Friday, February 4, 2011

Giving Credit Where Credit is Due

African leadership is often challenged, but few measures accurately examine how well Africa’s leaders perform. There is the African Leadership Prize from the Mo Ibrahim Foundation, established in 2007, but even the world’s richest prize (US$5 million) does not adequately reflect the progress that has been made on the continent among the presidents and prime ministers of Africa.

The Nation Media Group, publisher of the EastAfrican magazine, has created the African President’s Index, which rates the continent’s leaders using several measurements: the Nation Media Group’s own political Index (35%), the Mo Ibrahim Index (15%), the Economist Intelligence Unit’s Democracy Index (15%), the Reporters Without Borders Press Freedom Index (15%), Transparency International’s Corruption Index (15%) and the United Nations Development Programme’s Human Development Index (5%). What they arrived at is five Africa presidents who were given an “A” rating for their governance.

Prime Minister Navinchandra Ramgoolam of Mauritius received an A+. Son of Sir Seewoosagur Ramgoolam, known as the “Father of the Nation,” the Prime Minister presides over one of Africa’s most highly-developed countries. Mauritius has been named the best governed African country by Mo Ibrahim’s index since it was initiated.

President Pedro Verona Rodriques Pires of Cape Verde is a hugely respected figure in his country, having been so since independence from Portugal was achieved in 1975. He was the country’s first Prime Minister from 1975 to 1990, and after remaining active in politics, he returned to power in 2001. Pires’ country is one of the few African countries that is on track to meet the United Nation’s Millennium Development Goals.

President Seretse Ian Khama of Botswana is the son of the country’s revered first President Sir Seretse Khama. The current President worked his way through the political system before assuming the presidency in 2008. Botswana, already a democratic model to the international community, President Khama has worked to expand his country’s circle of admirers. The country has been beset by HIV-AIDS, but under Khama’s rule 92.5% of those needing anti-retroviral drugs are receiving them.

President John Atta Mills of Ghana, known throughout the country as “The Prof,” is one of Africa’s best educated leaders. The former Vice President under President Jerry Rawlings, Mills won the office vacated by President John Kufour when he stepped down after two terms. President Mills is now responsible for developing the country’s oil sector and will have royalty revenues with which to extend the development of an already advanced nation.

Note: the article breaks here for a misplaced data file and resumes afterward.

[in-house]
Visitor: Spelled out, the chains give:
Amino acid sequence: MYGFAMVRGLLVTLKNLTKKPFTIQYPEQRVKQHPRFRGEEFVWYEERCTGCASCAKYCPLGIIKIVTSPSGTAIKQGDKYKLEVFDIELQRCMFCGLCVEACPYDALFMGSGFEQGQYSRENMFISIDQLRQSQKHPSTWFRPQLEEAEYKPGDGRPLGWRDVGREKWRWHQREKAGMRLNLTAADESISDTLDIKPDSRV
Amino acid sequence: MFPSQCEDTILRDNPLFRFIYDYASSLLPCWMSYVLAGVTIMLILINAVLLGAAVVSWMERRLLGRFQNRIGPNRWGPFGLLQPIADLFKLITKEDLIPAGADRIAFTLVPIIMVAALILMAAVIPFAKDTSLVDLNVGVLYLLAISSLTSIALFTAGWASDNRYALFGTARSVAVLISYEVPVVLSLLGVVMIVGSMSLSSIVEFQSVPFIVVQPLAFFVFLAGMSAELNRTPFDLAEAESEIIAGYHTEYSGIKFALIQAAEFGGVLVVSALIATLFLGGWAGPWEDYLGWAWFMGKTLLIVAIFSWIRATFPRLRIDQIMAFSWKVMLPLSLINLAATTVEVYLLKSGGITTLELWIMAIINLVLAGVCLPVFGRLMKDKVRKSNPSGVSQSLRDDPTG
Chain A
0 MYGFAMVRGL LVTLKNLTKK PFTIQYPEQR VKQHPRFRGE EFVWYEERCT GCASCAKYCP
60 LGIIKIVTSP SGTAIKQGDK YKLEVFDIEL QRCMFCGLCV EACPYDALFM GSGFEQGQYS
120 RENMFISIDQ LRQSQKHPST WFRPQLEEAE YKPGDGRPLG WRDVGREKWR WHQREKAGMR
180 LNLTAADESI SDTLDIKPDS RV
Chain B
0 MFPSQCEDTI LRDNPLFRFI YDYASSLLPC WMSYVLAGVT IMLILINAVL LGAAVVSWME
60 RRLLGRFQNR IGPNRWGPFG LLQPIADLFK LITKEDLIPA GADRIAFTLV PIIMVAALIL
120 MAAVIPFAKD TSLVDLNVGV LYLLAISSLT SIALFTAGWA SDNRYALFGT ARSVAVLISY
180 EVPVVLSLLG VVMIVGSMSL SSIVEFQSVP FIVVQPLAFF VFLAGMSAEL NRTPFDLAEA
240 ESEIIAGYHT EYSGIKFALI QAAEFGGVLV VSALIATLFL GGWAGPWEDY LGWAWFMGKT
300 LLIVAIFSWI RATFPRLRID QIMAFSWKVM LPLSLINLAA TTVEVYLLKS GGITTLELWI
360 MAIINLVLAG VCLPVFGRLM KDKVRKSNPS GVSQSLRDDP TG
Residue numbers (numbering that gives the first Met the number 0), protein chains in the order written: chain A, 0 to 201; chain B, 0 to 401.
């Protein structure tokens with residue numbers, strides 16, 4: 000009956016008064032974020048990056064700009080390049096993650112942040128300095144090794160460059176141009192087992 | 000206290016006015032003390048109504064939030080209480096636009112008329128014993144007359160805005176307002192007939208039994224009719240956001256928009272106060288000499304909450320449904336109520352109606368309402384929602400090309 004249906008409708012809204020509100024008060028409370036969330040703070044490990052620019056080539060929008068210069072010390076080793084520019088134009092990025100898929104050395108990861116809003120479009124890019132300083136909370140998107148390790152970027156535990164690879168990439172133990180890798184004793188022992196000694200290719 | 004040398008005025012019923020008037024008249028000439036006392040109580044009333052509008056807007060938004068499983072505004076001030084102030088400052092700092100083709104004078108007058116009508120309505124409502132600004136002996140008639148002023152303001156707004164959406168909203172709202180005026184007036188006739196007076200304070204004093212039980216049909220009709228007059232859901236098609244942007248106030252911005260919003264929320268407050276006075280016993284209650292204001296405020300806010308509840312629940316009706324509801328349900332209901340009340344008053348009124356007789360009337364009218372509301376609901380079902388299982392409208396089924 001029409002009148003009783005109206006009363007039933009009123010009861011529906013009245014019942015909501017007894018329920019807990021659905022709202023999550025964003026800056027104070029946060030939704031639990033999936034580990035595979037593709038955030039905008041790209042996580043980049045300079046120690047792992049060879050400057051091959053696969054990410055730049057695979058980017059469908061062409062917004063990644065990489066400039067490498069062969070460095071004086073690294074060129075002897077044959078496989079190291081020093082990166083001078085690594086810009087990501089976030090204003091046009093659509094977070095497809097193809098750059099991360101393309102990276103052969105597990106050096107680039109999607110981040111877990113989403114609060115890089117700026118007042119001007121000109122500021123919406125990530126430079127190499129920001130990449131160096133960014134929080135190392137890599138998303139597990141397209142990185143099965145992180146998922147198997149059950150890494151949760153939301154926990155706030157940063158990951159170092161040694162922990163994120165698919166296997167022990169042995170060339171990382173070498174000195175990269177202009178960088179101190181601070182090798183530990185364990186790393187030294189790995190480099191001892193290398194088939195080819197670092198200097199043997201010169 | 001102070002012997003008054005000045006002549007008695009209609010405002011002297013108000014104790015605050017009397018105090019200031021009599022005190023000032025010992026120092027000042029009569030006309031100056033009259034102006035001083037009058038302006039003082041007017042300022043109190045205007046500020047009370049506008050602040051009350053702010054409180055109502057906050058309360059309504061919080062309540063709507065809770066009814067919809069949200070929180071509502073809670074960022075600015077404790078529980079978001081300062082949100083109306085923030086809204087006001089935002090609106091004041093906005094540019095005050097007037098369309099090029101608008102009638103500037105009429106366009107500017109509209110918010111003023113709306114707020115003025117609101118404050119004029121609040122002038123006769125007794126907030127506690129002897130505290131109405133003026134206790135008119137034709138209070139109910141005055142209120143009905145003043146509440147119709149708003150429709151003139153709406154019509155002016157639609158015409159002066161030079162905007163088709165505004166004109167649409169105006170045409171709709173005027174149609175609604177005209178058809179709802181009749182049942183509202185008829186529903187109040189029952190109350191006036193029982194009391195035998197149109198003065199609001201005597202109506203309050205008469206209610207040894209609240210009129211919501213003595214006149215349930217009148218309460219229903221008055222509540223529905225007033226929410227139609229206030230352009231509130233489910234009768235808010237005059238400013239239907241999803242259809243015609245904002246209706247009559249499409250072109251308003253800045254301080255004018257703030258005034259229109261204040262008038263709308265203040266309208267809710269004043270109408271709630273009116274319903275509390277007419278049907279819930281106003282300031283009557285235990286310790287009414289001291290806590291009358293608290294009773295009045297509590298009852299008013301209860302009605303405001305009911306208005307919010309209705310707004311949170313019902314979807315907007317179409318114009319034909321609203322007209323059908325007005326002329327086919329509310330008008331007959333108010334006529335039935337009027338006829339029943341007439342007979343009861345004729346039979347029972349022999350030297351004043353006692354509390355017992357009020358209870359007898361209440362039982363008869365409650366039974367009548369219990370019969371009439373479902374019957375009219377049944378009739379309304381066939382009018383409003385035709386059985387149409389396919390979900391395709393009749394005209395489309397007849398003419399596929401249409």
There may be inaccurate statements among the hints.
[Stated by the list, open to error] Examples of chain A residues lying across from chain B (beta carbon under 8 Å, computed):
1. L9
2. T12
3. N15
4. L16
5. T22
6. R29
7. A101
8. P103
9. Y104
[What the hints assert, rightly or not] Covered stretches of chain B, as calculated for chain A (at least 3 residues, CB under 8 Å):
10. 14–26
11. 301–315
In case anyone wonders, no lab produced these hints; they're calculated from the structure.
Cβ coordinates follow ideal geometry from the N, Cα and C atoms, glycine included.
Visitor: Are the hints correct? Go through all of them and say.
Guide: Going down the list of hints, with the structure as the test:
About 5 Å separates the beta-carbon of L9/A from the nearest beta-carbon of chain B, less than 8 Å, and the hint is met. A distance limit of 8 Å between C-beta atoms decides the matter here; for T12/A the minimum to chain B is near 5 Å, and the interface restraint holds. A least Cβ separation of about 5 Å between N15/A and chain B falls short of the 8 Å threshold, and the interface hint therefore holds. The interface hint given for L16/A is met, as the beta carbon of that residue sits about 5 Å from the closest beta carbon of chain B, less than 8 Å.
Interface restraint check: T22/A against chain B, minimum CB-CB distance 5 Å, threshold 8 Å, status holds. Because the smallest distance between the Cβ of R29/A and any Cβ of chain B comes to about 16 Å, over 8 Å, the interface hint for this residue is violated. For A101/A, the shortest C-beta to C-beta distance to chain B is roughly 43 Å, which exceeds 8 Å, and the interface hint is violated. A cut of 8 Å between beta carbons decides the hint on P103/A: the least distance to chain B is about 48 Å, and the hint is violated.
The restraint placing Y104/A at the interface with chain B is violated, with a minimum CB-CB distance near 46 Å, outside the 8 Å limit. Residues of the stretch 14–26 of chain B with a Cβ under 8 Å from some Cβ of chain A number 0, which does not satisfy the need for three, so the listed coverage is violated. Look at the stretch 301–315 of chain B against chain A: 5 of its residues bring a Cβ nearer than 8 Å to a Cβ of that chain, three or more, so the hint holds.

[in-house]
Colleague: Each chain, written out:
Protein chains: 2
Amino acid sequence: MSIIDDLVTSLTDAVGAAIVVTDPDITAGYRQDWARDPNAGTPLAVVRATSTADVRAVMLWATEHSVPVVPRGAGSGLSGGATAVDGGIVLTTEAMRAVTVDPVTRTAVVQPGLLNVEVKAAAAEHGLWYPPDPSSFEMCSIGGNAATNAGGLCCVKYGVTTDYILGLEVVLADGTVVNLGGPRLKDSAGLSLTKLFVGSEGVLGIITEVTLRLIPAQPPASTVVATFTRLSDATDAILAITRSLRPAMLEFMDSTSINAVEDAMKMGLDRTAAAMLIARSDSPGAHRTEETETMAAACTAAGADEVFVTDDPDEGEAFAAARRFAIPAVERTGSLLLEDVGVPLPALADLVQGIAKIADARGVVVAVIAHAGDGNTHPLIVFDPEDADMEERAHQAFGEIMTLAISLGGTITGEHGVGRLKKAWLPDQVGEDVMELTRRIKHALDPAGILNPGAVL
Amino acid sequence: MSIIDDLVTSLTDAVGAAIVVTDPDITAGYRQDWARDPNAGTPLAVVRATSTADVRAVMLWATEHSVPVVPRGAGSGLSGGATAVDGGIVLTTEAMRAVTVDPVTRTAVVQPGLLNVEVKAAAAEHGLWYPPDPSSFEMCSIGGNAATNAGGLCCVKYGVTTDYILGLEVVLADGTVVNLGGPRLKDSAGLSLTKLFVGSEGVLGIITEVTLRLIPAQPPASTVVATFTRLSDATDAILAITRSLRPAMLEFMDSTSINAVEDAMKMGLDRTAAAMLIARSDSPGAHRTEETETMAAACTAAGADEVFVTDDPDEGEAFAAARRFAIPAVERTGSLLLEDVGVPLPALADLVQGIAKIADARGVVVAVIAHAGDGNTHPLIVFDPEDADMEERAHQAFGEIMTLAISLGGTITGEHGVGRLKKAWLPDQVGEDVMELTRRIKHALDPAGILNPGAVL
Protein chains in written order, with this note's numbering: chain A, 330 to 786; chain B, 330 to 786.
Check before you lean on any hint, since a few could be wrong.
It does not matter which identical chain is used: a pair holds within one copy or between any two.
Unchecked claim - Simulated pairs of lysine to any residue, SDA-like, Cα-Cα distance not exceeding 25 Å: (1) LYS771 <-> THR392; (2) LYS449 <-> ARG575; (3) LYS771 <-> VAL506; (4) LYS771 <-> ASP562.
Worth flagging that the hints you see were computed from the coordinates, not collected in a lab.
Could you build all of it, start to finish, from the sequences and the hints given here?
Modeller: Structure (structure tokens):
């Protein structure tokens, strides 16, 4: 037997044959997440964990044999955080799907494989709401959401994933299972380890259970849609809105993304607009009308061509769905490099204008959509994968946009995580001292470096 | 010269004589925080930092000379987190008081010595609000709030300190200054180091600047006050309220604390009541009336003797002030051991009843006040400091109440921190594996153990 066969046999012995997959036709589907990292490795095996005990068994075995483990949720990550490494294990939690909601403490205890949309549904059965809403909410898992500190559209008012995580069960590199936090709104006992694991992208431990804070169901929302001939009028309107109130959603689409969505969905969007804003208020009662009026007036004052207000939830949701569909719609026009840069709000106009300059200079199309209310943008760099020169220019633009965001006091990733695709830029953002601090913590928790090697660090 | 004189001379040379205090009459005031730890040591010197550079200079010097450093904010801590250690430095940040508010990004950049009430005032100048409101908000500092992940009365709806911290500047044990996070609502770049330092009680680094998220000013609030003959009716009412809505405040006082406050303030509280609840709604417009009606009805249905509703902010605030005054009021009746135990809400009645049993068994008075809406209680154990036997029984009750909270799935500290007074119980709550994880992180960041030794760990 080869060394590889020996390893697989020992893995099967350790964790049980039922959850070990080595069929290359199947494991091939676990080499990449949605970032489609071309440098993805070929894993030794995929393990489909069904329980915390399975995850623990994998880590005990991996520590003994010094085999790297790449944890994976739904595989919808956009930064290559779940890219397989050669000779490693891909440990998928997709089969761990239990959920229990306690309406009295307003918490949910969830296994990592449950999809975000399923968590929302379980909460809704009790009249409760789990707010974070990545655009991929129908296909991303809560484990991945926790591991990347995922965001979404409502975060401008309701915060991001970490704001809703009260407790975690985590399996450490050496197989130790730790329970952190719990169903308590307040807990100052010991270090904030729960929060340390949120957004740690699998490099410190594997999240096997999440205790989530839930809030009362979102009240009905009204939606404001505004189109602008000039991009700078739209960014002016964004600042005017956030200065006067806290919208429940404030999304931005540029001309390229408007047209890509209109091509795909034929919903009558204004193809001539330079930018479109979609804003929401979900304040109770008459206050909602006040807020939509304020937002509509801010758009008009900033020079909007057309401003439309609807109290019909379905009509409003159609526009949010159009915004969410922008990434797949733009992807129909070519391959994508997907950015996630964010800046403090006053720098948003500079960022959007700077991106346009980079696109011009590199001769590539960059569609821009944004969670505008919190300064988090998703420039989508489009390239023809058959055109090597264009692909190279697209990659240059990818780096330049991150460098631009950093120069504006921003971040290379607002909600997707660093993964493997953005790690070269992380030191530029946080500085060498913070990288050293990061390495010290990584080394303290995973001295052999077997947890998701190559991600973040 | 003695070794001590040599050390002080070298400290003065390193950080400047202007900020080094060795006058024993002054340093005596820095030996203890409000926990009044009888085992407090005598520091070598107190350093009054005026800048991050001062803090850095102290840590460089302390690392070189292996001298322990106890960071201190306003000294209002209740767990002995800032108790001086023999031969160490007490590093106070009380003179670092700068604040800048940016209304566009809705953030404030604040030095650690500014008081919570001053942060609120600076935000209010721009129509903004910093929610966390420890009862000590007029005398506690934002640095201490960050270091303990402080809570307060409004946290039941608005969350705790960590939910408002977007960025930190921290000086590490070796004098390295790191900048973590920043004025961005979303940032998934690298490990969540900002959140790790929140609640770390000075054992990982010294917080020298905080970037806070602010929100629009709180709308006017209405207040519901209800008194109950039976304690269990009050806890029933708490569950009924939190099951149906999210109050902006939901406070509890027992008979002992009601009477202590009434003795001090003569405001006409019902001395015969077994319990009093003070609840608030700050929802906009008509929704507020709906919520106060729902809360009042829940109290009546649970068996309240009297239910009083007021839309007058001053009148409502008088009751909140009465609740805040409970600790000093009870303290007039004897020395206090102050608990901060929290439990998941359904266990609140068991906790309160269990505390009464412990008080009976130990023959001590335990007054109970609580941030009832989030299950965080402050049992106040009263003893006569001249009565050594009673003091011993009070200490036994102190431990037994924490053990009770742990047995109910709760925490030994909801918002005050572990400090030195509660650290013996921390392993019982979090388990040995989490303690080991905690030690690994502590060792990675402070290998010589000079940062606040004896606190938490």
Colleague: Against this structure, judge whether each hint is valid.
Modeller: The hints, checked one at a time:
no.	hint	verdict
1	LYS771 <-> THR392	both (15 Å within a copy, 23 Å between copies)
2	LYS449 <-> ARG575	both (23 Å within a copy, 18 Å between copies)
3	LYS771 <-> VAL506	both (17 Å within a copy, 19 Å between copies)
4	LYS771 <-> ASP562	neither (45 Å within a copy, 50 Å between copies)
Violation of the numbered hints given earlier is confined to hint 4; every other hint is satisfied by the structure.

President Hifikepunye Luca Pohamba of Namibia is the former Lands Minister who successfully sped up the transfer of land from white farmers to black citizens. One of the founding members of the South West Africa People’s Organization (SWAPO), he won office in a landslide in 2004. He received the 2010 Food, Agriculture and Natural Resources Policy Analysis Network Food Security Policy Leadership Award for creating responsible fisheries policies in Namibia.

Just missing this group with a B+ was President Jacob Zuma of South Africa. Zuma is a longtime leader of the ruling African National Congress who served time in jail with other party leaders such as former President Nelson Mandela. Zuma received much kudos for his successful conduct of the 2010 World Cup in South Africa. He missed an A by a fraction of a point despite leading a major nation struggling to overcome the lingering aftermath of apartheid.

Five other African Presidents received a B grade: President James Alix Michel of Seychelles, President Amadou Toumani Touré of Mali, President Ernest Bai Koroma of Sierra Leone, President Jakaya Kikwete of Tanzania and President Ellen Johnson Sirleaf of Liberia. All have significant accomplishments that may have been somewhat dimmed by unresolved issues or laws seen as not fully upholding full civil rights.

Even those rated with a C have laudable accomplishments. For example, President Rupiah Banda of Zambia has provided treatment for 90% of HIV-AIDS victims and allowed Angolan refugees to remain in his country after residing there for many years. Kin Mohammed VI of Morocco has hic country on track to exceed targets for water and sanitation services under the Millennium Development goals thanks to greater government spending on water supply and sanitation infrastructure.

Several leaders, such as President Goodluck Jonathan of Nigeria, were considered to have been in office for too short a time to be rated.

So leadership is alive and well in Africa. Kudos goes to the Nation Media Group for its index, which allows a fuller view of African leadership than even the Mo Ibrahim Index. Attention is too often focused on those African leaders who violate human rights and fail to meet the needs of their people. It can make us forget that there are many others who do serve their citizens and earn the respect of their nation and the international community.

2 comments:

  1. Dear Sir, I find your argument correct. However, I would take it a step forward and dare to say that undermining Africa’s good leadership can be attributed to an intentional global discourse. A discourse that wishes to keep the current North – South power structure and justify poverty and exploitation…

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